Thursday 4th Jun, 2020

Inland Rail could save agricultural industry $70M per year

Shifting agriculture and horticulture from road to rail through the Inland Rail project could reduce transport costs for the agricultural industry by around $70 million per year, according to research from the CSIRO.

Australia’s national science agency used its Transport Network Strategic Investment Tool (TraNSIT) and industry engagement as part of a study in 2018, with a focus on Parkes to Narromine in Central West NSW.

Researchers identified a baseline of existing freight movements in the areas to estimate the potential transport cost savings for the entire Inland Rail project, one of the first detailed analyses on road to rail supply chains in Australia.

Horticulture and processed agriculture such as meat, rice and dairy were considered by the research.

The analysis showed if existing agricultural road trips were shifted to Inland Rail, the agricultural industry could save between $64 to $94 per tonne, depending on back-loading, adding up to around $70 million in reduced transport costs a year.

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Additional analysis also found if existing coastal rail trips shifted to Inland Rail, it would result in an estimated saving of $28 to $35 per tonne.

CSIRO TraNSIT leader Andrew Higgins said the research shows Inland Rail would bring an improvement in rail travel time and transport costs, particularly important when considering perishable products.

“This would make it a lot more competitive with the travel time advantages of road transport,” he said.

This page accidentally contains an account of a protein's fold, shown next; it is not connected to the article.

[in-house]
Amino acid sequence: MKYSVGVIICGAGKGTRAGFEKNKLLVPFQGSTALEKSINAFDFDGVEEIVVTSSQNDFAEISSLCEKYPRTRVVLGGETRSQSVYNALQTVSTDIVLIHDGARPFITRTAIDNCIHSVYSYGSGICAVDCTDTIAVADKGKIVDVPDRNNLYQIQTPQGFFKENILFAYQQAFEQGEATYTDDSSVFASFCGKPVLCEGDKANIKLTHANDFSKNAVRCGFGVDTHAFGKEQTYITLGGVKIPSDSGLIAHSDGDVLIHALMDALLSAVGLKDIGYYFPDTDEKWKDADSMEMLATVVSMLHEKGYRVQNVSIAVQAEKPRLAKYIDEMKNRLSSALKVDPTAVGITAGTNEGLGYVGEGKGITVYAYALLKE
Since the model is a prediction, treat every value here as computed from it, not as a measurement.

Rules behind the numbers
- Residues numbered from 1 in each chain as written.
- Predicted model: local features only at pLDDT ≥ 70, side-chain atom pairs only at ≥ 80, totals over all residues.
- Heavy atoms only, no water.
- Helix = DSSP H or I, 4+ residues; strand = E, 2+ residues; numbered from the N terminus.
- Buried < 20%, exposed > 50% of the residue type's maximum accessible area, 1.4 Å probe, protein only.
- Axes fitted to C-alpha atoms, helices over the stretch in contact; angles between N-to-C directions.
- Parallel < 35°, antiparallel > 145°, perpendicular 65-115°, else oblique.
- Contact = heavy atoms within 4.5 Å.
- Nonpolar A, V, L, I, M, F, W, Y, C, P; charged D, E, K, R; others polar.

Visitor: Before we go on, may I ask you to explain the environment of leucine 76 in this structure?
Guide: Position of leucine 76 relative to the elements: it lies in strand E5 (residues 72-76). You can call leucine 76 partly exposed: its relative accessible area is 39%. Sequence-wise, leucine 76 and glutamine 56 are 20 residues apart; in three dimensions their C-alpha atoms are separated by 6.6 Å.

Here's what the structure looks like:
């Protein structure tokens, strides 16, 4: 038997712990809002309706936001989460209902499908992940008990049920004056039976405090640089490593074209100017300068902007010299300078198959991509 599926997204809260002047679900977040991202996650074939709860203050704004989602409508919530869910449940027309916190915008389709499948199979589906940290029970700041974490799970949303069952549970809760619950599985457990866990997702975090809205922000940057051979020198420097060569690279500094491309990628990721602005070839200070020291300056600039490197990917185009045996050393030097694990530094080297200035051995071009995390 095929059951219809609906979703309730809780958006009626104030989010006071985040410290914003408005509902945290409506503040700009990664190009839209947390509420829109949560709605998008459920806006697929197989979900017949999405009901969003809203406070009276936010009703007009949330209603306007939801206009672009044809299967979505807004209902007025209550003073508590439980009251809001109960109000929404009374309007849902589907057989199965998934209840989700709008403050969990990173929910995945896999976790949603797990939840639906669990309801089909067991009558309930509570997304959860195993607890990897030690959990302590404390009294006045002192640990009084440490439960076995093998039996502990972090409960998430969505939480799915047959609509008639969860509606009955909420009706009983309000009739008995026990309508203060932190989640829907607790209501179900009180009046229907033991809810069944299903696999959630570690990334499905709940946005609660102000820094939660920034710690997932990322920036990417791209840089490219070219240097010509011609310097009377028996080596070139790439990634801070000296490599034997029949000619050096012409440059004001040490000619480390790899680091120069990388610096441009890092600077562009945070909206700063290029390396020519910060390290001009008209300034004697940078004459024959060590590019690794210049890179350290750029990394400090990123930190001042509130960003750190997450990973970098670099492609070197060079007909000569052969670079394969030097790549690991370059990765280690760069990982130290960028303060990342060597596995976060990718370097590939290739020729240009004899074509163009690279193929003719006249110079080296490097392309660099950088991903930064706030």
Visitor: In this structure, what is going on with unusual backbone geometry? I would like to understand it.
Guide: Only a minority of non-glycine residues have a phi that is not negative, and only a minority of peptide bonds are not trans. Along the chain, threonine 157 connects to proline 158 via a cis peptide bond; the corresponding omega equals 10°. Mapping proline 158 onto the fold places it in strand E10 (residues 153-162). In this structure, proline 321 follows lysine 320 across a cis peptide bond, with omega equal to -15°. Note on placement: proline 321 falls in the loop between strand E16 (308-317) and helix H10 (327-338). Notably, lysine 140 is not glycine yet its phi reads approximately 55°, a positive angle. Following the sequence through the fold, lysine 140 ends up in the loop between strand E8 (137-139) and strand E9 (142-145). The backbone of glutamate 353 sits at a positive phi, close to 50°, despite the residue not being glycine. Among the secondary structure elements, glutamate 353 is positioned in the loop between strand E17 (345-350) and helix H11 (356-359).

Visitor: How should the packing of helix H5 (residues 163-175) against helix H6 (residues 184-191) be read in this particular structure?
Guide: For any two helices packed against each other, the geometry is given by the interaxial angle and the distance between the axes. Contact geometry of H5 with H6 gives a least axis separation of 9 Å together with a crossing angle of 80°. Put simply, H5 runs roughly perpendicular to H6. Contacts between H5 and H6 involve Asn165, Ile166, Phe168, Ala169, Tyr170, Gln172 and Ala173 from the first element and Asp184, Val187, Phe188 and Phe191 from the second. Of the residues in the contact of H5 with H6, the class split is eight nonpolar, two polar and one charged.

Parkes to Narromine was chosen for the case study as it is the first section of track to undergo construction, with a large number of supply chains in the area that have hundreds of stakeholders.

“A big cost in food production is transport, particularly given the large distribution of where and when it is grown across Australia, and the long distances to major domestic markets, often over 1000 kilometres,” Higgins said.

“These type of savings with Inland Rail would mean food companies would have lower cost access to markets further away than they supplied to in the past.

“The benefit is for those selling to market, basically large farming corporations, food companies and those behind processing facilities. You’d expect the savings would then be passed back onto farmers,” he said.

TraNSITwill now be applied to the broader Inland Rail corridor, starting with Naromine to Seymour, to obtain further detailed cost savings across a wider range of commodities, including grains, cotton, wool, minerals and general freight.

The tool has previously been used to test the benefits of transport infrastructure in regard to upgrading roads in Northern Australia and calculating agricultural and forestry transport benefits for industry and government.

The Australian Government has committed $9.3 billion to complete the 1700 kilometres network of freight rail that will connect Melbourne to Brisbane in under 24 hours.